She also noted that the Federal Reserve’s Beige Book, which was released Wednesday afternoon, said the pace of the U.S. economic recovery remains “slight to modest” in most regions of the country.

The euro edged down 0.16 per cent to US$1.18420, slipping from one-month highs of US$1.18805 hit on Wednesday, according to figures from Reuters.

Japan’s yen drifted away from Wednesday’s four-week high of 104.345, last sitting at 104.74 against the U.S. dollar. Britain’s pound was last trading at US$1.3145, little changed on the day.

More company news

Calgary-based Precision Drilling Corp. says it lost $28.5-million in its latest quarter as revenue fell 56 per cent compared with a year ago. The oilfield services company says the loss amounted to 10 cents per diluted share for the quarter ended Sept. 30. The result compared with a loss of $3.5-million or a penny per diluted share in the same quarter a year ago.

Corus Entertainment Inc. reported its fourth-quarter profit rose compared with a year ago. The company, which includes Global Television, says it earned $30.3-million in net income attributable to shareholders or 15 cents per diluted share for the quarter ended Aug. 31. That compared with a profit of $22.9-million or 11 cents per diluted share a year ago. Revenue totalled $318.4-million, down from $377.5-million.

Unilever reported a stronger-than-expected return to sales growth in the third quarter on Thursday led by emerging markets where it generates the bulk of its revenue. Underlying sales rose 4.4 per cent, for the Anglo-Dutch maker of Dove soap, Hellmann’s mayonnaise and Tresemme shampoo. Analysts on average were expecting an increase of 1.3 per cent, according to a company-supplied consensus.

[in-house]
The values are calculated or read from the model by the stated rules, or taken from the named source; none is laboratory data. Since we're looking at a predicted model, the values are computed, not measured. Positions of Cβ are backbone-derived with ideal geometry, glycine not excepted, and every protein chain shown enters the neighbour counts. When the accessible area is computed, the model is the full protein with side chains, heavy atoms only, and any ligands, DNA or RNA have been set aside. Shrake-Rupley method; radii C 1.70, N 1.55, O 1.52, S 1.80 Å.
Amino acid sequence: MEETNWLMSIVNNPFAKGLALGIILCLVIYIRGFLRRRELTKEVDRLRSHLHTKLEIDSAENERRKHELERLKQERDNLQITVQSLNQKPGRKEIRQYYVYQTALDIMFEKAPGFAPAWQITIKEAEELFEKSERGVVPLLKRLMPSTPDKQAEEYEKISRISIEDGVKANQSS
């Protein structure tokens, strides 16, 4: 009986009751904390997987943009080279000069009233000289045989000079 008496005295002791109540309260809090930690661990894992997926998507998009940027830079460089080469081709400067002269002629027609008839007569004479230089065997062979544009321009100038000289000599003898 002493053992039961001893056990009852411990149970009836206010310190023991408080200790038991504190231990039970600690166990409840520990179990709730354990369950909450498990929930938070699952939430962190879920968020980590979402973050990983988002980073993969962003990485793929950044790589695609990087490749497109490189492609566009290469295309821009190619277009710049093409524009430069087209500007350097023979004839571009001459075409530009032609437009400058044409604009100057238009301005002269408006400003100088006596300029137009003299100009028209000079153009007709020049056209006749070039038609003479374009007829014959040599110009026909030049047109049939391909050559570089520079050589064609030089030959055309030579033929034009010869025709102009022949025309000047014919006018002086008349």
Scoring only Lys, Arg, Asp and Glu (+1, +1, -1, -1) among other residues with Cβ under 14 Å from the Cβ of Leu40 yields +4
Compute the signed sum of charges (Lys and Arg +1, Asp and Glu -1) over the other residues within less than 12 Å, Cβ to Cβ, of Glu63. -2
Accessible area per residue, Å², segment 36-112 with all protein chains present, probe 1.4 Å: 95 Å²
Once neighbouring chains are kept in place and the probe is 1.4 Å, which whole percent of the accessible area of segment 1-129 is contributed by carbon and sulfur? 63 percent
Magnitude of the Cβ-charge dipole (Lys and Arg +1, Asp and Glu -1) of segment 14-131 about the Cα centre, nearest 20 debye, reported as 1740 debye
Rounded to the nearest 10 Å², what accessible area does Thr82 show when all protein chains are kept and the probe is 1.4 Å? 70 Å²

The Globe’s Susan Krashinsky Robertson reports coffee-and-doughnuts chain Tim Hortons is preparing to test a system that would give customers the option to pay a deposit to have orders filled in reusable cups and other packaging and to return those items at its cafés and other drop-off points. Toronto-based Restaurant Brands International Inc. will begin the test at some of its Tim Hortons locations in the Greater Toronto Area later next year, and will also conduct a similar test in its Burger King restaurants outside of Canada.

AT&T Inc reported the coronavirus pandemic had taken a heavy toll on its media business, but quarterly results were offset by stronger than expected gains in new phone subscribers lifted by offers for its HBO Max streaming service for free on certain phone plans. That helped AT&T beat revenue expectations. Total revenue was $42.3-billion during the third quarter ended Sept. 30, exceeding the average analyst expectation of $41.59-billion, according to IBES data from Refinitiv.

Coca-Cola Co beat quarterly revenue expectations as the world’s largest soda maker benefited from the partial reopening of theaters and restaurants, which have remained shut for months due to the COVID-19 pandemic. Net revenue fell 9% to $8.7-billion in the third quarter, above the analysts' average estimate of $8.36-billion, according to IBES data from Refinitiv.

Southwest Airlines Co reported a loss of more than $1-billion, its biggest ever, in the third quarter, while saying it would burn less cash in the months to come as leisure bookings show signs of recovery from this year’s coronavirus-driven collapse. Southwest, which is blocking middles seats for social distancing through November, said it would resume selling all available seats for travel from Dec. 1.

Economic news

(8:30 a.m. ET) U.S. existing jobless claims for week of Oct. 17.

(10 a.m. ET) U.S. existing home sales for September.

(10 a.m. ET) U.S. leading indicators for September.

Also: U.S. presidential debate

With Reuters, The Associated Press and The Canadian Press